The Moral Hazard of Cleverness

03 Jan

A pile of notes, three textbooks (500 pages each), infinity minus one Power Point presentations and Facebook discussions of exercises. In other words, four exams to go. And two students: dancing in a club, drinking beers and chewing. (No, not chewing. Popping!) What´s going on?

Unlike their 20-or-so classmates who have already given up studying and opted for coffeeshops instead, they are still planning on getting straight A´s (and not going mad in process). Interestingly, they are victims of a very specific type of moral hazard: Their own brightness. Somewhere deep inside they know that they do not have to study three weeks straight in advance for an exam; they know that 2 days somehow will be enough (empirically tested: yes, they are right). They postpone the unpleasant moment when they have to bury themselves in the books – and procrastinate in the meantime.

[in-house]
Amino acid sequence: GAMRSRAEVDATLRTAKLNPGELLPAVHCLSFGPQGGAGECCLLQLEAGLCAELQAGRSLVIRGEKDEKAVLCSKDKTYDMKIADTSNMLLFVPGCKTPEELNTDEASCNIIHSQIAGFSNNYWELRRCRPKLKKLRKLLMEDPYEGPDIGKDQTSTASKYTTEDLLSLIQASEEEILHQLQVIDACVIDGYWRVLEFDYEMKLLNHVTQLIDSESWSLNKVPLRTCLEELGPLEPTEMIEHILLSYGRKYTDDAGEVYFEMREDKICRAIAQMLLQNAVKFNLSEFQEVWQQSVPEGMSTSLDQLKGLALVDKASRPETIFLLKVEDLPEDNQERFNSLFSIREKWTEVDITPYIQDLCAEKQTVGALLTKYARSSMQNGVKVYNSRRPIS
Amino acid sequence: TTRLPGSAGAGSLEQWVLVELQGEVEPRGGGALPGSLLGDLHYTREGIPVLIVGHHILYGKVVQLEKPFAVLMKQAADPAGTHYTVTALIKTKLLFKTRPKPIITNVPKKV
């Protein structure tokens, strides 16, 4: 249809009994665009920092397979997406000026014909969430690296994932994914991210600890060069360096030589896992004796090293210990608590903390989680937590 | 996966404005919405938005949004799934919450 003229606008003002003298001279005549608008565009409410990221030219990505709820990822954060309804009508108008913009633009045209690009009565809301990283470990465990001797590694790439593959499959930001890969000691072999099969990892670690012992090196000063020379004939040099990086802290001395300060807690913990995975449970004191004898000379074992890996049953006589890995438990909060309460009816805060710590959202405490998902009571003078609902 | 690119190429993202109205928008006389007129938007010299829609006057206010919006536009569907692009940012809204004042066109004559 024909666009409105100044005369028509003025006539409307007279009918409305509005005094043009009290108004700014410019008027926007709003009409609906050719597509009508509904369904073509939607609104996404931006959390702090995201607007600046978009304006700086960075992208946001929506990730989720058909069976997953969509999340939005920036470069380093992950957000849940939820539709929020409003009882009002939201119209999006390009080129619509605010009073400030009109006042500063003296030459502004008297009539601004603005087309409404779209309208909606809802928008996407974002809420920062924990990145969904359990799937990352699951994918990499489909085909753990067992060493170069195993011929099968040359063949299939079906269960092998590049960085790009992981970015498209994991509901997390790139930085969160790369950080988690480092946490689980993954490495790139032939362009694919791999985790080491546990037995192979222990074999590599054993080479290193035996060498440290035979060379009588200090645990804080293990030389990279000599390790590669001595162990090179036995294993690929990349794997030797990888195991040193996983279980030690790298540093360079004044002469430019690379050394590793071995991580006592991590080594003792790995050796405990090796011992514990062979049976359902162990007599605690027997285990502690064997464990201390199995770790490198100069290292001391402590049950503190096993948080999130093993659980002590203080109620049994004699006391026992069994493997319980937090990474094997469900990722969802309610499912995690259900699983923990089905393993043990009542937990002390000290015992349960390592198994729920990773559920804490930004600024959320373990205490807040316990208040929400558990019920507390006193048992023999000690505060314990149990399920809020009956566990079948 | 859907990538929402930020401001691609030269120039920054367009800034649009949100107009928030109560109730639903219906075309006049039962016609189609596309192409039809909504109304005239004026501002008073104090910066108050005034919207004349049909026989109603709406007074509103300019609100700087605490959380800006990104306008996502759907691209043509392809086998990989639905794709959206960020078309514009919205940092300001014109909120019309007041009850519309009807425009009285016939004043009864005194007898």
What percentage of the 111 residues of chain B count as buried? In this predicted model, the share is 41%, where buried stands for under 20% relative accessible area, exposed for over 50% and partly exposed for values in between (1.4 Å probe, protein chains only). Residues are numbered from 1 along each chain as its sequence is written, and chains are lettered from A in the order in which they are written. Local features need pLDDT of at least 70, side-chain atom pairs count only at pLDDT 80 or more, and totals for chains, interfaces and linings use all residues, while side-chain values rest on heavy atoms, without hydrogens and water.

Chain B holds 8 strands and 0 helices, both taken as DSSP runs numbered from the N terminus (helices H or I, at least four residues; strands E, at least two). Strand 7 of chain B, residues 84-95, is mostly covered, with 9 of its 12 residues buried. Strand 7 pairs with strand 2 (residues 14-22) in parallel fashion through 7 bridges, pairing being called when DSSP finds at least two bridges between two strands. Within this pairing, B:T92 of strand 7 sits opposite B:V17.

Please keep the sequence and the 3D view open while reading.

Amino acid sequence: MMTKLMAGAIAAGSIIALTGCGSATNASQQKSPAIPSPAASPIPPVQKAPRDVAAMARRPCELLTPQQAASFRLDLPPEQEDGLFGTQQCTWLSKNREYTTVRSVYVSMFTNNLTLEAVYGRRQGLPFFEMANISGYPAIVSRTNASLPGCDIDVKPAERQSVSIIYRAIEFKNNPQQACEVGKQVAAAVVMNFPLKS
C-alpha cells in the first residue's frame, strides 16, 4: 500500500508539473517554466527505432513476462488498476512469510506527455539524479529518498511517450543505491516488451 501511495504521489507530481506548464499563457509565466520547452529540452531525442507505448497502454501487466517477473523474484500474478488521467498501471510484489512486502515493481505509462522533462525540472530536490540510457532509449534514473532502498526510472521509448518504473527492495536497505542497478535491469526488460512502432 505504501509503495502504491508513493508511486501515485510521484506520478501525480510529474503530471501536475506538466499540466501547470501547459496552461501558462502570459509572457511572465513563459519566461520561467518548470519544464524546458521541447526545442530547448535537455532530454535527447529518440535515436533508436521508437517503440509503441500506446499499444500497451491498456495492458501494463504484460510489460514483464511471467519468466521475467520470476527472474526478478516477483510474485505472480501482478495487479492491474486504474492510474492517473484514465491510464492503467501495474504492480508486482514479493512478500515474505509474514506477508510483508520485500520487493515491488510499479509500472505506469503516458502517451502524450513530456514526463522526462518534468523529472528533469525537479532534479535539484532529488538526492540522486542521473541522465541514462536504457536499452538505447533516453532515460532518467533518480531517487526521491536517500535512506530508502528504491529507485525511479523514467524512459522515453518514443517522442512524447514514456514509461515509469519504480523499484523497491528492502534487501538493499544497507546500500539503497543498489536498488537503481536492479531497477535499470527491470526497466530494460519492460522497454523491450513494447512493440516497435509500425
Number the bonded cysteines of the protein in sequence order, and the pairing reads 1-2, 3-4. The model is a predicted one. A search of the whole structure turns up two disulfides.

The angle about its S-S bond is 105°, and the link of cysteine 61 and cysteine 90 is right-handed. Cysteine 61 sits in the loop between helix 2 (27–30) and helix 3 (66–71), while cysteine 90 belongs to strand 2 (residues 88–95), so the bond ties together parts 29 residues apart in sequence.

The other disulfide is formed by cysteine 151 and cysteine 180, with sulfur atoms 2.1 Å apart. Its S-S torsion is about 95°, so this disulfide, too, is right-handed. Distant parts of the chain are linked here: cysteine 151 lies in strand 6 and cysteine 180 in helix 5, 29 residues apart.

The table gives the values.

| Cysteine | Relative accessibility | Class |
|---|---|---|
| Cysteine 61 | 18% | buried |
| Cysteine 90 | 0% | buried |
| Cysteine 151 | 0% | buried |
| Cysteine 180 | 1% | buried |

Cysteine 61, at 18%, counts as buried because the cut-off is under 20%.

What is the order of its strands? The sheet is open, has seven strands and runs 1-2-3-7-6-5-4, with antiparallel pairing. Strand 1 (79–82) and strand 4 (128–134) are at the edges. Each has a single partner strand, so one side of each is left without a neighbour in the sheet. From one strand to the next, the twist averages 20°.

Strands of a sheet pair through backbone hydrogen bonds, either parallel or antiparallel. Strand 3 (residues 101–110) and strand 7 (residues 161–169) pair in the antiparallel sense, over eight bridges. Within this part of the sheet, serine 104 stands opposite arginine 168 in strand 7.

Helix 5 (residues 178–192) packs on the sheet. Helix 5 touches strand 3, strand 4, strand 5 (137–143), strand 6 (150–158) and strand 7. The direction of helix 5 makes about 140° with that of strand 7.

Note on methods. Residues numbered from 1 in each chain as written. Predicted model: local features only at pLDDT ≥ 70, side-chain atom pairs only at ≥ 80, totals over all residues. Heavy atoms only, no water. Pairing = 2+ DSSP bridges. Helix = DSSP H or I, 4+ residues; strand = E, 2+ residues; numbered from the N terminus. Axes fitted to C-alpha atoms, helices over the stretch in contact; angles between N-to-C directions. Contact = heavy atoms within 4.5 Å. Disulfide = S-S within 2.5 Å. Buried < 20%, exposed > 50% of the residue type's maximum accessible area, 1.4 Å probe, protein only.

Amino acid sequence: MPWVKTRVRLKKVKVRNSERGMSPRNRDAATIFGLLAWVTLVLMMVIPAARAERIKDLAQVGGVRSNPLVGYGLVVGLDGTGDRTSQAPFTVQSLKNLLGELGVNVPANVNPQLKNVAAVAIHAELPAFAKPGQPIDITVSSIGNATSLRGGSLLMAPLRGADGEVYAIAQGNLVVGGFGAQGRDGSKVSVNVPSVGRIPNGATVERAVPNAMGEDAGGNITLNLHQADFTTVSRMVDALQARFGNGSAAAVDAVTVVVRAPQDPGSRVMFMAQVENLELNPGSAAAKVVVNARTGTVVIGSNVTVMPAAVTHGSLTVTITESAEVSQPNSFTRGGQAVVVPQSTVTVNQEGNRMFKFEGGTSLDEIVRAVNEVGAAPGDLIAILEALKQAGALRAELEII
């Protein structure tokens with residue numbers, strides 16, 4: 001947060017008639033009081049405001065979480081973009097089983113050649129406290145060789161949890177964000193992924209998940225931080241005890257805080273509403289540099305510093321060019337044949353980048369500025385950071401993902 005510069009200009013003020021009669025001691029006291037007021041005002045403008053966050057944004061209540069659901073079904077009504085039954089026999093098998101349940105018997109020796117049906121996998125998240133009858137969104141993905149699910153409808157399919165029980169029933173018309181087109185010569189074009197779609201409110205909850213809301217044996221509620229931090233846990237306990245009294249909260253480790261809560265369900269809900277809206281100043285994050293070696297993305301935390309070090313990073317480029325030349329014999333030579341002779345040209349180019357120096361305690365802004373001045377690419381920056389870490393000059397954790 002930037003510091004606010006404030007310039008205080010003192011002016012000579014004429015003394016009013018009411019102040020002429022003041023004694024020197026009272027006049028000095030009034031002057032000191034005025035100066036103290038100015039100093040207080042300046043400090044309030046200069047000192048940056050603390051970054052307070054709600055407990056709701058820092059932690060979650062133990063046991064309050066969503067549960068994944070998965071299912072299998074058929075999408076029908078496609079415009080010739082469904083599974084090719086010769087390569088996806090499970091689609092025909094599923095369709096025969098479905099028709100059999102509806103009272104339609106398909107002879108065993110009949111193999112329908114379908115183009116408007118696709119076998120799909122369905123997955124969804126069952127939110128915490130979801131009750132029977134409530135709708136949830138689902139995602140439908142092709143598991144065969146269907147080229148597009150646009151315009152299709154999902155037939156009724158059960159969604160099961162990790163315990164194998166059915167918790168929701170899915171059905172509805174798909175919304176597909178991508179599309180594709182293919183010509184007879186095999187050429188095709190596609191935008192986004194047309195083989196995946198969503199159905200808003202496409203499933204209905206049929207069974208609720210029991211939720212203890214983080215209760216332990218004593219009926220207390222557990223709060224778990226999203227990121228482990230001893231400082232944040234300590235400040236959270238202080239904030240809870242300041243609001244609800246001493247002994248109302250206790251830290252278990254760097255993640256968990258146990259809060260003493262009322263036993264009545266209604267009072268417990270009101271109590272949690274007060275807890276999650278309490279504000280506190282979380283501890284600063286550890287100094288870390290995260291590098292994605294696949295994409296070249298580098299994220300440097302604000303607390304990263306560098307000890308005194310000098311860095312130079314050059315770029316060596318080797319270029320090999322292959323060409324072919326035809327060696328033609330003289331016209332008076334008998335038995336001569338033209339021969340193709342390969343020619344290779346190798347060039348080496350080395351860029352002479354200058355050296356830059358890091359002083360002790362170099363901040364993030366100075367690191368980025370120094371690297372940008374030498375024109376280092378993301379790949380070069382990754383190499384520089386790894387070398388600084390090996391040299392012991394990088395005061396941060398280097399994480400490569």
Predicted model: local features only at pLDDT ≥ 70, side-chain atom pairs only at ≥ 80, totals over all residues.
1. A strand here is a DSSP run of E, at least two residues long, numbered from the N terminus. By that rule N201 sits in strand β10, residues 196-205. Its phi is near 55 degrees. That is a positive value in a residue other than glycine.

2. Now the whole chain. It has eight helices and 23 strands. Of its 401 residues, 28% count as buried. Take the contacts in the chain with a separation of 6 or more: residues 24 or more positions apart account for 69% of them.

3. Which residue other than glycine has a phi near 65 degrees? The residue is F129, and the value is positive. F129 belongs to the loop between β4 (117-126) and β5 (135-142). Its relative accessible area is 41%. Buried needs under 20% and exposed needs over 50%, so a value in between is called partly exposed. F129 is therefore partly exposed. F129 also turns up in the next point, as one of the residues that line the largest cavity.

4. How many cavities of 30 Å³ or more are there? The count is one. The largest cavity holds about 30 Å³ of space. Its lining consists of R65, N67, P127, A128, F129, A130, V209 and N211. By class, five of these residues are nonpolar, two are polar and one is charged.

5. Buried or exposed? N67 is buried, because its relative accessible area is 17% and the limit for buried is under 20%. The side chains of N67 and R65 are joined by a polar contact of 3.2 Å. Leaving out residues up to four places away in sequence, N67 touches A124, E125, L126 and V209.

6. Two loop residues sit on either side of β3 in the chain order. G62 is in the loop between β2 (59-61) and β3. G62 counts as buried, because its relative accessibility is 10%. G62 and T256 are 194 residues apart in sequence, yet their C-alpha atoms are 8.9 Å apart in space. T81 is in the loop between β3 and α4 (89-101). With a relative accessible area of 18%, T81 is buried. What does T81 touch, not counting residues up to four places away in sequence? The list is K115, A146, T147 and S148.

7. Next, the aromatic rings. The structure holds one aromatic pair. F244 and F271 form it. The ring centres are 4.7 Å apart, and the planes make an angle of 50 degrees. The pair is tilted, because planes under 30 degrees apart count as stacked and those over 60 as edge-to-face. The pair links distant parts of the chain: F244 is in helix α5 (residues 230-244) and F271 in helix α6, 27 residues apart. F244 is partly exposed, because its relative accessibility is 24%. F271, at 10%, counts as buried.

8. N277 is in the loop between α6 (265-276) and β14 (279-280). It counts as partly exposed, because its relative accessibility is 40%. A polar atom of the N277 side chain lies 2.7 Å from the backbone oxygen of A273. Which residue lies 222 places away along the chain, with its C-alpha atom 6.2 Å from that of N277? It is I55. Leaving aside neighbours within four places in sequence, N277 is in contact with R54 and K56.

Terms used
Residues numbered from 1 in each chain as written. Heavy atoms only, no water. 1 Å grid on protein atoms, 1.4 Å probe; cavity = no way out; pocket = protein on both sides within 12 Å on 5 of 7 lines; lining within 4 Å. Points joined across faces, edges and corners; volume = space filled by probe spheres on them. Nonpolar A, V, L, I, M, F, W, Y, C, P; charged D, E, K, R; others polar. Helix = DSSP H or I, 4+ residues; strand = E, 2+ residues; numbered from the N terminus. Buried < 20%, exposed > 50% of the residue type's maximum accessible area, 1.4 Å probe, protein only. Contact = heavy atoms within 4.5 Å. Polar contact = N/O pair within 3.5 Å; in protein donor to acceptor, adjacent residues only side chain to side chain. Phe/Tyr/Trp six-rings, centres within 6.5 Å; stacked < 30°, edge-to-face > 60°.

Sure. They could have gotten 100% on the exam. But why bother? If they do not study, they will pass anyway. If they study a little bit, it will suffice for an A. (Who cares about bonus points?)

I wonder. a) Is everyone (in theory) capable of learning that fast? If so, why do so many people fail their courses? b) Can this unique learning speed be taught? Trained? How? c) Does working hard during the semester play a role? How big? d) Does this moral hazard impede learning in the long term?

What an irony it is not these “straight-A´s-guys” who go down in history: The stupid ones do.

Any thoughts, dear readers? Any answers to my musings? Any strong feelings to vent? Tear my notes to pieces in disagreement or slap my back nodding, I shall be equally grateful for both.

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Posted by on 3 January, 2012 in Education


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